For the stroke group (Table 3), NMU correlated moderately or highly with TMT (Peg Transfer, rs = 0.58 and Hand Return rs = 0.77) and FMA-UE (rs = 0.60). Spatial variables were weakly correlated with TMT (Trunk displacement for Peg Transfer, rs = 0.39 and Hand Return, rs = 0.38, Acromion displacement, rs = 0.42, Path ratio, r = 0.32), as shown in Table 3. Acromion displacement was likewise weakly correlated to clinical outcome measures (FMA-UE, rs = 0.45 and SIS-hand, rs = 0.38). The FMA-UE was the only clinical assessment whose outcome correlated significantly with more than one kinematic variable of the S-NHPT.
Table 3

Correlations between kinematic variables of the Standardized Nine Hole Peg test and clinical tests









Grip strength

Total movement time


NMU for PT



NMU for HR




Trunk displacement for PT





Trunk displacement for HR






Acromion displacement















Grip strength










− 0.117

− 0.326

− 0.233


− 0.350




TMT Total Movement Time, NMU Number of movement units, PT Peg Transfer, HR Hand Return, TD Trunk displacement, AD Acromion displacement, FMA-UE Fugl-Meyer Assessment for upper extremity, SIS-hand Stroke Impact Scale hand domain. *p < 0.05, **p < 0.01

Within-session reliability of the S-NHPT

For both groups, the within-session reliability of the S-NHPT was generally high to very high (ICC 0.71–0.97, Table 4). For the stroke group, the Time for Peg in Hole had the lowest within-session reliability (ICC = 0.43 and SEM = 2.37). For the control group, the NMU for Hand Return showed the lowest within-session reliability (ICC = 0.37 and SEM = 0.66).
Table 4

Within-test reliability of the Standardized Nine Hole Peg Test


Stroke group (n = 28)

affected arm

Control group (n = 41)

non-dominant arm

ICC (95% CI)


ICC (95 CI)


Time for Peg Grip, s

0.80 (0.66–0.89)


0.73 (0.59–0.84)


Time for Peg Transfer, s

0.92 (0.87–0.96)


0.90 (0.84–0.94)


Time for Peg In Hole, s

0.43 (0.05–0.70)


0.71 (0.55–0.83)


Time for Hand Return, s

0.97 (0.94–0.98)


0.91 (0.86–0.95)


Peak speed Peg Transfer, s

0.96 (0.93–0.98)


0.94 (0.90–0.96)


Peak speed Hand Return, s

0.97 (0.94–0.98)


0.91 (0.86–0.94)


Time to peak speed Peg Transfer, s

0.44 (0.07–0.71)


0.65 (0.46–0.79)


Time to peak speed Hand Return, s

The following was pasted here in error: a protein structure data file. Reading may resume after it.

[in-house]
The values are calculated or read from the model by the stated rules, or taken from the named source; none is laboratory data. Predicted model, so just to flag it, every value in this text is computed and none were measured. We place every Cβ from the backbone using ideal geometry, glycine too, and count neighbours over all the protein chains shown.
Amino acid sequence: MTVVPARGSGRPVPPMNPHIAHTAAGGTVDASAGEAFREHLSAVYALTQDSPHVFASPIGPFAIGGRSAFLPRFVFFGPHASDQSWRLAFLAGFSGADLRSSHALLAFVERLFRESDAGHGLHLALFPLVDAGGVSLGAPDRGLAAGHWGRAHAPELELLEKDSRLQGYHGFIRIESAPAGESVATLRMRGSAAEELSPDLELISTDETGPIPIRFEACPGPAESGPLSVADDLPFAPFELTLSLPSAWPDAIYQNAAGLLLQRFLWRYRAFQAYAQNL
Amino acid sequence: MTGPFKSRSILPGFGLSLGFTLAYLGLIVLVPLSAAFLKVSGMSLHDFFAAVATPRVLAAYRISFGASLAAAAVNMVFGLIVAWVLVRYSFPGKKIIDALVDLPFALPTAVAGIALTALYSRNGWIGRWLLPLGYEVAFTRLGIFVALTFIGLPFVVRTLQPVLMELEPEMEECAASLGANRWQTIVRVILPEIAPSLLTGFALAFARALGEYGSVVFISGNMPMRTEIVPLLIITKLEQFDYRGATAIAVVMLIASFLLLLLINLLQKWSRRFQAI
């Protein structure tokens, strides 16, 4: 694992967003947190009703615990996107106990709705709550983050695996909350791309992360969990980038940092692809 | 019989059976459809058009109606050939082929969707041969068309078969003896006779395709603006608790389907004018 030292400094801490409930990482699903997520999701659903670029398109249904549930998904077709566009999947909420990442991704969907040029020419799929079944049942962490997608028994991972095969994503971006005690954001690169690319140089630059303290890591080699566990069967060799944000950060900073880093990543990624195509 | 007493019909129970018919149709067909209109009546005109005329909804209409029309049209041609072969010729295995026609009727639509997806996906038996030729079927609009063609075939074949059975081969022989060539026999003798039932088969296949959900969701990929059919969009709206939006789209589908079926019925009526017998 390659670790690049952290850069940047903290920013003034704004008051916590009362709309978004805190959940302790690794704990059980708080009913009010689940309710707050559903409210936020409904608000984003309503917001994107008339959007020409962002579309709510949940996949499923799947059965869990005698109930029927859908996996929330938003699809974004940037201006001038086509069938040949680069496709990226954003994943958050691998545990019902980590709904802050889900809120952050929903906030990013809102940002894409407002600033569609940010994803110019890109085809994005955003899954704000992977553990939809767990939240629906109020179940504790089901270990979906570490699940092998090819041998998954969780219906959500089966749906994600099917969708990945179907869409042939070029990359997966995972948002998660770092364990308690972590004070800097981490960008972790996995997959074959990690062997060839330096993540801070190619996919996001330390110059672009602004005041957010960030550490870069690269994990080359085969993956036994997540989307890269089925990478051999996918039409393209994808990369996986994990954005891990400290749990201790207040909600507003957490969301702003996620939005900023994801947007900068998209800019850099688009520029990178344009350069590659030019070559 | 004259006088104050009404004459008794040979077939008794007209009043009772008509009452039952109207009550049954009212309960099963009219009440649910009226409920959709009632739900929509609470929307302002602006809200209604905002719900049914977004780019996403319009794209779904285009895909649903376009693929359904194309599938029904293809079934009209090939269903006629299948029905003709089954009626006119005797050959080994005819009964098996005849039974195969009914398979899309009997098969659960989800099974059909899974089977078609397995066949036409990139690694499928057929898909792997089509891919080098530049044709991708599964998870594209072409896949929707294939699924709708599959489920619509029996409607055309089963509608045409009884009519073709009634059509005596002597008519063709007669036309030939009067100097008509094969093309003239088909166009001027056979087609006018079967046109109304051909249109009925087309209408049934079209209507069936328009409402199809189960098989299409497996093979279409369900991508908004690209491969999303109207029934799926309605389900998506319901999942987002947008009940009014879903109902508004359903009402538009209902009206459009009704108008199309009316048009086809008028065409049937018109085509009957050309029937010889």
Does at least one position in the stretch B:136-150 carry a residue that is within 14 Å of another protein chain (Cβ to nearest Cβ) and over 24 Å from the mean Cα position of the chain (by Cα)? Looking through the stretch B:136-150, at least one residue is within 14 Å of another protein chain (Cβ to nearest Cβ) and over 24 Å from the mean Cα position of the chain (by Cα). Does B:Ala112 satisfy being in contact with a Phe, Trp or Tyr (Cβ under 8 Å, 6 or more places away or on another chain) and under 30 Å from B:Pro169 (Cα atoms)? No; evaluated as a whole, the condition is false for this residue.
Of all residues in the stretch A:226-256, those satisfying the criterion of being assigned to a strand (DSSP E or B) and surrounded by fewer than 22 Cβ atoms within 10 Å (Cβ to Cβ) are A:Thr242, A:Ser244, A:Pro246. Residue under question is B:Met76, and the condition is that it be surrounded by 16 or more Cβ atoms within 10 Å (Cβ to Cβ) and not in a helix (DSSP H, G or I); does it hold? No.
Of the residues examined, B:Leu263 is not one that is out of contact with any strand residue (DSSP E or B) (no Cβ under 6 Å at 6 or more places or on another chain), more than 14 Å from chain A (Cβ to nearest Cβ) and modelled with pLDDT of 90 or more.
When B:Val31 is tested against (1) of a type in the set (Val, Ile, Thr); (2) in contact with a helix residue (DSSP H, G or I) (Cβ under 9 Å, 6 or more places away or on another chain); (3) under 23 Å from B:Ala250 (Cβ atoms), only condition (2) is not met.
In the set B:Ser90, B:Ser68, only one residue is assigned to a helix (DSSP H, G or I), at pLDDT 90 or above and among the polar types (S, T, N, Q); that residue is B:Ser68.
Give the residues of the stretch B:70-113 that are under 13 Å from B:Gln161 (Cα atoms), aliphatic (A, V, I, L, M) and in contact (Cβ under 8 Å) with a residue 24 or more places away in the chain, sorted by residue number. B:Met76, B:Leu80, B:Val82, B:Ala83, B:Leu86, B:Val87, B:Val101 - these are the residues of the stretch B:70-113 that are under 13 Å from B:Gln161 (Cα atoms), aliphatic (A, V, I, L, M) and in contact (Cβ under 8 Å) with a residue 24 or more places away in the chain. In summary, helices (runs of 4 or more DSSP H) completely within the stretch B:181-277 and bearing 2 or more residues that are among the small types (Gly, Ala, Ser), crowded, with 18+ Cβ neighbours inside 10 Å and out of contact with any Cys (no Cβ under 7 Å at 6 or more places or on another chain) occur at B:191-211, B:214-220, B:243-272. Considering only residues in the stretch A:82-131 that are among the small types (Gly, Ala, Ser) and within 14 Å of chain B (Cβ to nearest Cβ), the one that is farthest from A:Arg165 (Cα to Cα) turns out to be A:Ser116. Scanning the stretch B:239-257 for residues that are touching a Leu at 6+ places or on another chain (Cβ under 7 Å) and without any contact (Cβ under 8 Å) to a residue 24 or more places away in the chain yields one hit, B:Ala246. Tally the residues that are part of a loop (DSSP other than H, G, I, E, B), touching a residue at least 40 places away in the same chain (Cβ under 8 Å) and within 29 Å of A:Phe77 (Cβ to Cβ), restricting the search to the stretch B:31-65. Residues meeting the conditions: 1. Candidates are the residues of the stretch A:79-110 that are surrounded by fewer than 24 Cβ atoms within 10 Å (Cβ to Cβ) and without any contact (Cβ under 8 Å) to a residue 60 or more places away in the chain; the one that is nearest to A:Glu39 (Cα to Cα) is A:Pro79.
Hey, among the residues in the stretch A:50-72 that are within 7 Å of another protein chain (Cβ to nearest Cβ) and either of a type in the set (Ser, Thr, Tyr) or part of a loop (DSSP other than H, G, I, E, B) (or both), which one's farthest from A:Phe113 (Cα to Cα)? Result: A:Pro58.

0.89 (0.81–0.94)


0.85 (0.76–0.91)


NMU for Peg Transfer, n

0.78 (0.62–0.88)


0.61 (0.40–0.77)


NMU for Hand Return, n

0.81 (0.69–0.90)


0.37 (0.03–0.63)


Path ratio Peg Transfer

0.44 (0.07–0.70)


0.82 (0.72–0.89)


Path ratio Hand Return

0.85 (0.75–0.92)


0.91 (0.87–0.95)


NMU Number of movement units, ICC Intraclass correlation coefficients, SEM standard error of measurement


Our innovative modification and standardization of the NHPT made it possible to kinematically quantify motor performance during four consecutive movement phases of the test by calculating temporal and spatial movement parameters.

Discriminant validity of the S-NHPT

As expected, the time to perform the S-NHPT was prolonged for the stroke group compared to controls, which is also consistent with a recent study for performance of the NHPT [30]. Further, the kinematic measures based on phase analysis showed that our stroke group spent a significantly longer time grasping and releasing pegs in the manipulative phases relative to the transfer phases of the task compared to controls. This emphasized the decreased dexterity among persons post-stroke despite moderately or even mildly affected hand dysfunction. Our controls took on average 1.5 s less to complete the S-NHPT than another healthy group took to complete a modified NHPT in a study by Bowler et al. [12]. Although both protocols required inserting nine pegs, the different movement due to pegboard placements, or potential differences in distance between the pegboards (information not provided in [12]), or task instructions likely explain the observed time difference across studies.